SINGAPORE - To combat the unprecedented dengue outbreak this year, the National Environment Agency (NEA) will be embarking on a two-week intensive islandwide vector control exercise, the agency announced on Friday (July 24).
Inspections and vector control operations in Town Council-managed common areas will be stepped up to ensure drains are well-maintained, areas are kept litter-free, and stagnant water is removed or treated. NEA said Housing Board estates account for 45 per cent of active clusters.
The exercise will also include chemical treatment – such as fogging, misting and larviciding – in dengue clusters to shrink the adult mosquito population.
From January to June this year, NEA detected 50 per cent more Aedes mosquitoes in Town Council-managed areas compared to the first six months last year.
There was also a 30 per cent increase in the Aedes mosquito population detected from May to June this year, compared to February and March.
With Singapore in the midst of the warmer months of the year, NEA is expecting the high mosquito numbers to persist.
MP for Mountbatten Lim Biow Chuan said some key measures his ward will undertake over the next fortnight include desilting and cleaning drains, oiling gully traps and drains containing stagnant water that cannot be removed, and sealing up inspection chambers and keyholes to prevent mosquitoes from entering and laying eggs.
“We carried out fogging with NEA at Dakota Crescent yesterday (Thursday) and Balam Road estate today. Next week, it will be done at Chai Chee and progressively to other clusters within the ward,” said Mr Lim.
Dakota Crescent, Balam Road and Chai Chee are red zones, which are high-risk areas with 10 or more cases.
To date, there are close to 20,000 cases this year with a record 1,733 dengue cases reported last week, the highest number of weekly dengue cases recorded in Singapore. The previous highest weekly infection number was 891 in 2014.
Last week was the sixth consecutive week for which the weekly number of reported dengue cases exceeded 1,000.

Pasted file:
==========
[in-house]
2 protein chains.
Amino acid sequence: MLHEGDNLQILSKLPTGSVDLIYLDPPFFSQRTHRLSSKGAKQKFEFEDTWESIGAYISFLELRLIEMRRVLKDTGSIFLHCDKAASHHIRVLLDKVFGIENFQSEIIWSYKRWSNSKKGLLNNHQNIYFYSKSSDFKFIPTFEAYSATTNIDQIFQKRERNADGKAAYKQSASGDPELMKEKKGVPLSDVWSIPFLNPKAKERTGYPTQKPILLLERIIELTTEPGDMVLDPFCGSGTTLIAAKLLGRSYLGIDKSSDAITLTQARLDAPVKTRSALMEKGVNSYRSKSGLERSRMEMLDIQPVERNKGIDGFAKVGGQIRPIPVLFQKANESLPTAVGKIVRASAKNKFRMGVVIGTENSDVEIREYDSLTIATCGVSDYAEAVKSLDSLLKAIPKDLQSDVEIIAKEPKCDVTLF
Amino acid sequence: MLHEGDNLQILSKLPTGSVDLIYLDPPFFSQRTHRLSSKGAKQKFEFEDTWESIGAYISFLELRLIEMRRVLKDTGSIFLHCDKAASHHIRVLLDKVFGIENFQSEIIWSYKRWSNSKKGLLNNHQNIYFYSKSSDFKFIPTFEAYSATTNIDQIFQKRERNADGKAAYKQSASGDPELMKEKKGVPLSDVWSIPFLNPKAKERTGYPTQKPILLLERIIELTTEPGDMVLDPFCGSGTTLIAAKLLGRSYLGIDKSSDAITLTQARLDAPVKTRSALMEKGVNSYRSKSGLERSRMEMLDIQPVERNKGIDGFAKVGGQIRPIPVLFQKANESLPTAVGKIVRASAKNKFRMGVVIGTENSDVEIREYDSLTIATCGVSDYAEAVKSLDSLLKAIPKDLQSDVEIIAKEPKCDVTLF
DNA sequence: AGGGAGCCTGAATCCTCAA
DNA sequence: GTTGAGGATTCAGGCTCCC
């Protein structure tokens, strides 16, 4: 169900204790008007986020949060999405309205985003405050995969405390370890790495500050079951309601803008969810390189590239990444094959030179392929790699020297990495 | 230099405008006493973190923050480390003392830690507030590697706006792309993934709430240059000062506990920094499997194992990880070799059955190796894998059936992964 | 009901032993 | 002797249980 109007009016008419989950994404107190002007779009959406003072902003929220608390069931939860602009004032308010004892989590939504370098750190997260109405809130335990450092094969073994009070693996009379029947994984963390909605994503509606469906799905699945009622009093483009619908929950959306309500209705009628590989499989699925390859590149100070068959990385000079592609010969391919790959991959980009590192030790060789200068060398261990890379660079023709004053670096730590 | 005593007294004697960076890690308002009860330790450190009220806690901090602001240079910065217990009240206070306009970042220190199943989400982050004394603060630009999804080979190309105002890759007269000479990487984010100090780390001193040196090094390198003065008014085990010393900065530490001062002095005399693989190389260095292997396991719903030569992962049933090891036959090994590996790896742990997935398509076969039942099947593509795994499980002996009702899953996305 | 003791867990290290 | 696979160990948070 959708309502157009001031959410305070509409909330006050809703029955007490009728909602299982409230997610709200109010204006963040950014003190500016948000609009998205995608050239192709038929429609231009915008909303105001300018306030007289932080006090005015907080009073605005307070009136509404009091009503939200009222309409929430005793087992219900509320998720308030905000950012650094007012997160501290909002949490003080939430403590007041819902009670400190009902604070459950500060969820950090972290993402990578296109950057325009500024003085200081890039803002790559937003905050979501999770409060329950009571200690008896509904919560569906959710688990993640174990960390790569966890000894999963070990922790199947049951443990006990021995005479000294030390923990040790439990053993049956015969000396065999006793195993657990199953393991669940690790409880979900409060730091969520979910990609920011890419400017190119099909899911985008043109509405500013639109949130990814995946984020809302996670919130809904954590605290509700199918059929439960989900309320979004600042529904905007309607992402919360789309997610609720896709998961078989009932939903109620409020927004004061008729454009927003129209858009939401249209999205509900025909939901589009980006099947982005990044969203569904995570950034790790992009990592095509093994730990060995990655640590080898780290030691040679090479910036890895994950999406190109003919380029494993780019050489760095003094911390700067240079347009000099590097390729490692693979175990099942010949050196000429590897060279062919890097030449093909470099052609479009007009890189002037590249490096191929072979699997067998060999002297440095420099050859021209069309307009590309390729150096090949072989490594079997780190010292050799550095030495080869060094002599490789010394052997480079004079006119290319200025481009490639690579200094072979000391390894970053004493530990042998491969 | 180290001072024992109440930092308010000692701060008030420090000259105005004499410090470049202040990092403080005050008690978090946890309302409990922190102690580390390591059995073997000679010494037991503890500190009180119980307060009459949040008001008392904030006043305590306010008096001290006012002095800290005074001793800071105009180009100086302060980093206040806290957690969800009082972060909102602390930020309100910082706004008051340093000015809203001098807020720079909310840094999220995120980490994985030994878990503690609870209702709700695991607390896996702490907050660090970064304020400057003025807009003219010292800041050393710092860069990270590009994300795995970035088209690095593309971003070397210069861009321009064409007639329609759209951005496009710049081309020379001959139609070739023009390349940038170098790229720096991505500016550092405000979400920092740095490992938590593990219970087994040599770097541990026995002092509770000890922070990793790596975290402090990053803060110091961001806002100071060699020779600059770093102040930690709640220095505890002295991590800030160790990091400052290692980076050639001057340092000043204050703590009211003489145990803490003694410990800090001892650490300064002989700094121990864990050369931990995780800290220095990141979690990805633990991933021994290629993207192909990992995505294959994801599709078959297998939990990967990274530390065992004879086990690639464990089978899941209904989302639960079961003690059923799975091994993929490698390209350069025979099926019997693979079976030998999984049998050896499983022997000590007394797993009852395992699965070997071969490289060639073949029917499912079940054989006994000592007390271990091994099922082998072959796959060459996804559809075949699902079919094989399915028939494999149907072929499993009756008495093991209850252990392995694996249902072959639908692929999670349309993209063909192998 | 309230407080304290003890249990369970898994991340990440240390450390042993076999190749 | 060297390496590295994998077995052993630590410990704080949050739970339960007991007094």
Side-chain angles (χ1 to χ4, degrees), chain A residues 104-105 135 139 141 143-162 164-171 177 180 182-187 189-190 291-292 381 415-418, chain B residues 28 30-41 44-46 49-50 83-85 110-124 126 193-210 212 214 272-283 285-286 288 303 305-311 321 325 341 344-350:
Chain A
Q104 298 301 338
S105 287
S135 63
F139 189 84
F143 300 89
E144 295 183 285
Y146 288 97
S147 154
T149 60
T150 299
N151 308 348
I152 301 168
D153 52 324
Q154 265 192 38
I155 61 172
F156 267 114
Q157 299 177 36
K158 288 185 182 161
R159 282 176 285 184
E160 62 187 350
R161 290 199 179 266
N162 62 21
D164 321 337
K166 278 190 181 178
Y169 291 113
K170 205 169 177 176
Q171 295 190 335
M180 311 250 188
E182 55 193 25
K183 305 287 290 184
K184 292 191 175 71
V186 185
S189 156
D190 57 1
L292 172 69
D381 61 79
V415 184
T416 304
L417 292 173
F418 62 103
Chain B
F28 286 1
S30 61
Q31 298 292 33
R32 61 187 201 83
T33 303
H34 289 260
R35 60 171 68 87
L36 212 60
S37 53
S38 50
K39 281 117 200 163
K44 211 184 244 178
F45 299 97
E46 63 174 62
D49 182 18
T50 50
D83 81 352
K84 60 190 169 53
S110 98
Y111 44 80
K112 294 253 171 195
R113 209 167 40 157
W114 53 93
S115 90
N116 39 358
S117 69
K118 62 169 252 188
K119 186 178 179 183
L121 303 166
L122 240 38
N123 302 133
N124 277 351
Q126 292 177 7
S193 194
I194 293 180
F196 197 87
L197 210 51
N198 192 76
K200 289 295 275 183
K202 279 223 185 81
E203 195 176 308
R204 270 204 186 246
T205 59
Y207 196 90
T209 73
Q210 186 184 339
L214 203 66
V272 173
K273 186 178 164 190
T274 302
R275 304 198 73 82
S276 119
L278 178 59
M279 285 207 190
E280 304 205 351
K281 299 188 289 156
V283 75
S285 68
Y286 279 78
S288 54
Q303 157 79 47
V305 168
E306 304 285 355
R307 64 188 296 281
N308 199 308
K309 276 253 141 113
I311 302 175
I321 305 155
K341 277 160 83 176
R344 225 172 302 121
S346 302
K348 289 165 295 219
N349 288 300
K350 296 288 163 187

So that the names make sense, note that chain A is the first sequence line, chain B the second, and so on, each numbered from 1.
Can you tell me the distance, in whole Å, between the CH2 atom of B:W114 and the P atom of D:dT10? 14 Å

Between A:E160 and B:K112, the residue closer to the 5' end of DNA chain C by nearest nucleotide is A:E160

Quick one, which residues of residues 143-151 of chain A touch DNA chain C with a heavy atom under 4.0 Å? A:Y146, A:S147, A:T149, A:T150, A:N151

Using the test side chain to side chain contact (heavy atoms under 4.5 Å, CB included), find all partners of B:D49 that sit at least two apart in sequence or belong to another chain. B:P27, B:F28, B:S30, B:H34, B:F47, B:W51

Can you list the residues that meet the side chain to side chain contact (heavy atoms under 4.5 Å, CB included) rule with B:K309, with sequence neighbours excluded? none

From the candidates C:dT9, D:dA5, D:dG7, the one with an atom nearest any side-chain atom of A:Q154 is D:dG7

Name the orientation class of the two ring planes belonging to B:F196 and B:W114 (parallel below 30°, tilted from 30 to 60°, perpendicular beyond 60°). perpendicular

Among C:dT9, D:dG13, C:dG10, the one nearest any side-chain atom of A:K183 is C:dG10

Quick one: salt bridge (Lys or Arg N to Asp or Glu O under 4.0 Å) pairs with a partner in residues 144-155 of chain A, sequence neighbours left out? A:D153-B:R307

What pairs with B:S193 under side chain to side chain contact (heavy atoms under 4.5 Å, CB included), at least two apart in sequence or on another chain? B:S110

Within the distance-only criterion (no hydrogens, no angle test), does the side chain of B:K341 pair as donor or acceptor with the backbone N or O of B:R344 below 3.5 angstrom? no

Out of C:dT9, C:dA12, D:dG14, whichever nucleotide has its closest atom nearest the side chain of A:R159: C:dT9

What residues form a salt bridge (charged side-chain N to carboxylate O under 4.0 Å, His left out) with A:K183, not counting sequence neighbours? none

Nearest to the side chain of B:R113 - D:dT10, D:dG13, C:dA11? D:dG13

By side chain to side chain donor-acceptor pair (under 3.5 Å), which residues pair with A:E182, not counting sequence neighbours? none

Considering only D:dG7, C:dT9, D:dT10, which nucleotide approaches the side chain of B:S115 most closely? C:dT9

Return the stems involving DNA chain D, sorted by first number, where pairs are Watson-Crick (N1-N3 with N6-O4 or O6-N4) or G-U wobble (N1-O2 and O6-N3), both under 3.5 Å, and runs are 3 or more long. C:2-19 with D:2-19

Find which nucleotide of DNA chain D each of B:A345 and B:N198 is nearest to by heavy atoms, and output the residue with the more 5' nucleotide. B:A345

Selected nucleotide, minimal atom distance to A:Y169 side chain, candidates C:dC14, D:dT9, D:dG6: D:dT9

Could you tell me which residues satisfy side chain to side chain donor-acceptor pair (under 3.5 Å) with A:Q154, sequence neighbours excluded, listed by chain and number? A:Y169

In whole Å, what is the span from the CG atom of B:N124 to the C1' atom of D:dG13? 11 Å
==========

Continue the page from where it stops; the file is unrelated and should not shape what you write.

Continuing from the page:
The total number of cases this year is expected to exceed the 22,170 cases reported in 2013, the highest in history, said NEA. Nineteen people have died of dengue so far this year.
Calling the extent of the dengue outbreak this year "very worrying", Senior Minister of State for the Environment and Water Resources Amy Khor emphasised the need for collective and urgent community efforts to prevent the situation from worsening.
Dr Khor was speaking to the media at the sidelines of vector control operations in Bukit Batok West Avenue 4 on Friday.
"The idea (of the intensive islandwide exercise) really is to reduce the mosquito population and break the chain of dengue transmission so that we can flatten the curve as it was to reduce and prevent the number of dengue cases from escalating again," she said.
As of July 23, there were 424 active dengue clusters, with five large ones. The largest cluster in the Aljunied-Geylang area has 276 cases. The Bukit Panjang Ring Road cluster is the second largest with 272 cases.
Some clusters, including the ones at Aljunied Road-Geylang Road, the 258-case cluster at Arthur Road, and the 195-case cluster at Arnasalam Chetty Road/Kim Yam Road, have faster rate of disease transmission with an average of two to three cases reported daily over the past two weeks.
Five clusters including Woodleigh Close, Bidadari Park Drive/Woodleigh Link, and Alkaff Crescent, have been closed.
So far, about 140 summonses and three Stop Work Orders have been issued to construction sites for mosquito breeding offences.
At the same time, more than 2,000 enforcement actions were taken against owners of premises.
Five contractors will be charged in court for repeat offences.
During the two-week exercise, NEA will work closely with grassroots advisers and volunteers to advise more residents to get rid of mosquito breeding habitats at home.
As most people are working from home, Dr Khor also reminded residents living in dengue-clustered areas to spray insecticide in the dark corners of their homes, apply mosquito repellent every three hours, and wear long sleeves and pants as much as possible.